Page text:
Just in 2018, nature-based carbon offsetting programs reduced carbon in the atmosphere by 100 million metric tons of carbon dioxide globally. But what does that mean? Well, that’s about the amount of CO2 you would emit if you drove 248,220,556,056 miles in a car.
That’s still a really big number. Driving from Florida to Alaska is roughly 10,000 miles, roundtrip. You would have to take that trip over 24 million times (that’s 24 with six zeros behind it!) to emit that much carbon dioxide by driving alone.
By taking carbon dioxide out of the atmosphere, these powerhouse carbon offsetting projects make up for carbon emissions. They help people and companies lower their carbon footprints with programs that start as low as $2 per ton of CO2.
Calculate Your Carbon Footprint
Before you learn more about carbon offsetting, you might want to calculate your personal carbon footprint. Since the point is to improve your impact, this step is huge. As an individual, your carbon footprint is mainly made up of things like your recycling practices, utilities, and travel habits. Once you calculate your carbon footprint, you’ll have a clear picture of your emissions.
Understanding your carbon footprint is the key to reducing it. From there, you can decide how you want to lower it. For example, the average driver can offset their car’s carbon emissions for less than $9 a month. That’s the cost of a streaming service! Maybe you don’t have to carpool, after all.
Other ways to reduce your personal carbon footprint are:
- Eating less meat and dairy products
- Unplug electronics when not using them
- Conserve energy, such as switching to LED bulbs
- Be mindful of your water consumption
- Shop Local
- Offset your carbon footprint when making purchases online
- Reducing travel
Calculating Your Company’s Carbon Footprint
You might be overwhelmed considering your company’s carbon footprint, but it isn’t complicated. At the end of the day, your company’s carbon footprint is built on the same elements as your personal carbon footprint. The only difference is the scale.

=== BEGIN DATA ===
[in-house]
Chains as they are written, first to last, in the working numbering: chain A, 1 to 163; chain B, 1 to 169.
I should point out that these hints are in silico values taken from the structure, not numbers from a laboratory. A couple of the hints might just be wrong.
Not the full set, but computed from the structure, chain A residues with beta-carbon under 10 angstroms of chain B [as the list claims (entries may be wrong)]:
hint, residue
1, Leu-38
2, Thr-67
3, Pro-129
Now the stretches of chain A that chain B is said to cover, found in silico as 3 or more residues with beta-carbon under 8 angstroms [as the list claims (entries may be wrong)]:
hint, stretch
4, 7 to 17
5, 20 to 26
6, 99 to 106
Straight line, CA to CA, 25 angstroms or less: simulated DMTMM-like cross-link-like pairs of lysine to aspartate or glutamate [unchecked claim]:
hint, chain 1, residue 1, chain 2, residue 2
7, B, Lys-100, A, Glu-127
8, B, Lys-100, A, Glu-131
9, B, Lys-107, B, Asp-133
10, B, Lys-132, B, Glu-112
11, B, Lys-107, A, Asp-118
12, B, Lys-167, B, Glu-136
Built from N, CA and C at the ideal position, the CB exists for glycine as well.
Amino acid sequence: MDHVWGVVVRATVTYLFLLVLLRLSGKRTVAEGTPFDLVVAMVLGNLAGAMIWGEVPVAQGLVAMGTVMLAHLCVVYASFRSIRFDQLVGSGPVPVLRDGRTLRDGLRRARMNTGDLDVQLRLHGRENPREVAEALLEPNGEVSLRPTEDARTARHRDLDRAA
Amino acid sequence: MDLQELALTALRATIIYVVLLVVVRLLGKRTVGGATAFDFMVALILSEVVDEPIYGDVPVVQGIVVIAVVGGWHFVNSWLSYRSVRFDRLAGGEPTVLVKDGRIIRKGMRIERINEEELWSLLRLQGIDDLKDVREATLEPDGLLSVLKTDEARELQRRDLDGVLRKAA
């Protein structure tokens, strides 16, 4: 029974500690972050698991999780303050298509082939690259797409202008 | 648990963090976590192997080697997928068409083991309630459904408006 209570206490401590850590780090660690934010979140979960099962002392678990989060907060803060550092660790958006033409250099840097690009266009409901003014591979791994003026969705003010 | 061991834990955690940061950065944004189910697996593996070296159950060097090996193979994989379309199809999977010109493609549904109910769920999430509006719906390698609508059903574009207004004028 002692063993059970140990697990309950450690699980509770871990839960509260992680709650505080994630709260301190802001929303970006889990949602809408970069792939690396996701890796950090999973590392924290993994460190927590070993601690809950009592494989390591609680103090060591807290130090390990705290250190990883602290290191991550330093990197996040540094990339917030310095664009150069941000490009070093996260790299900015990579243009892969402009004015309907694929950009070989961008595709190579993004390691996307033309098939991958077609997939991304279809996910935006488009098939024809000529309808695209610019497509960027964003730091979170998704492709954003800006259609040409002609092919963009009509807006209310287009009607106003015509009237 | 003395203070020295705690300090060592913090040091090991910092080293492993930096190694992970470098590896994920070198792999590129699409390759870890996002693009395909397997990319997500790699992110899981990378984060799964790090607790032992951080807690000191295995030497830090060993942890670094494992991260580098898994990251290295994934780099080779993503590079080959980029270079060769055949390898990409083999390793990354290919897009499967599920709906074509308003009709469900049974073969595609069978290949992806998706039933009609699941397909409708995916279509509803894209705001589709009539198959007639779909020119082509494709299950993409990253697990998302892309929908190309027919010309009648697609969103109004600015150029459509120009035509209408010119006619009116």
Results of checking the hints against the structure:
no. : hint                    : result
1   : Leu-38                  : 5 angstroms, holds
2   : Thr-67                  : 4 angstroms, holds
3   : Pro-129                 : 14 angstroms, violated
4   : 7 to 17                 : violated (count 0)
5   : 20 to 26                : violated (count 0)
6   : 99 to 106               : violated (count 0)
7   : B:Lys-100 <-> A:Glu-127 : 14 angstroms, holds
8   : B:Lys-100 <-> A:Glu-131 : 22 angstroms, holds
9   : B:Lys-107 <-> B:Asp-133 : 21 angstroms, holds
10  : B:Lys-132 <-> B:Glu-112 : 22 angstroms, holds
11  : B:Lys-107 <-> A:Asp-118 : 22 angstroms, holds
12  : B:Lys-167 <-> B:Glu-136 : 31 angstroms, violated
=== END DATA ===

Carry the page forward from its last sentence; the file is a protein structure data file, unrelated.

Different industries and companies tend to have different problem areas. Understanding your company’s carbon footprint can help you reduce emissions such as operations, supply chain, and manufacturing over time. In the short term, your company can invest in carbon offsets to mitigate its impact.
Buy Carbon Offsets From a Reputable Provider
Nowadays, it’s easy to search for carbon offsets and find yourself drowning in possibilities. That’s why it’s more important than ever to research and find a reputable provider. Companies are happy to develop carbon offset projects with minimal environmental impact. Worse, poorly developed carbon offset projects can take advantage of people in developing countries.
In addition, sustainability partners like EcoCart help make partnering with verified projects easier.
Carbon Offset Examples: How Carbon Offset Projects Work
Okay, this whole carbon offsetting thing sounds like a cool idea. But how does it actually work?
When you think about these things, you probably imagine forest conservation. But there’s a lot more to it than that. Carbon offset projects do a lot of different things to reduce greenhouse gasses.
For example, farms produce greenhouse gases like methane and CO2. One of our projects helps Swiss farmers to capture and use these gasses to create green energy.
In our increasingly international world, it’s important to develop projects like this with clear intentions and awareness. The UN’s Sustainable Development Goals are designed to help guide programs that bring “peace and prosperity” to people everywhere. Keeping these goals in mind, carbon-offsetting groups develop projects that do more than help the environment; they make the world a better place.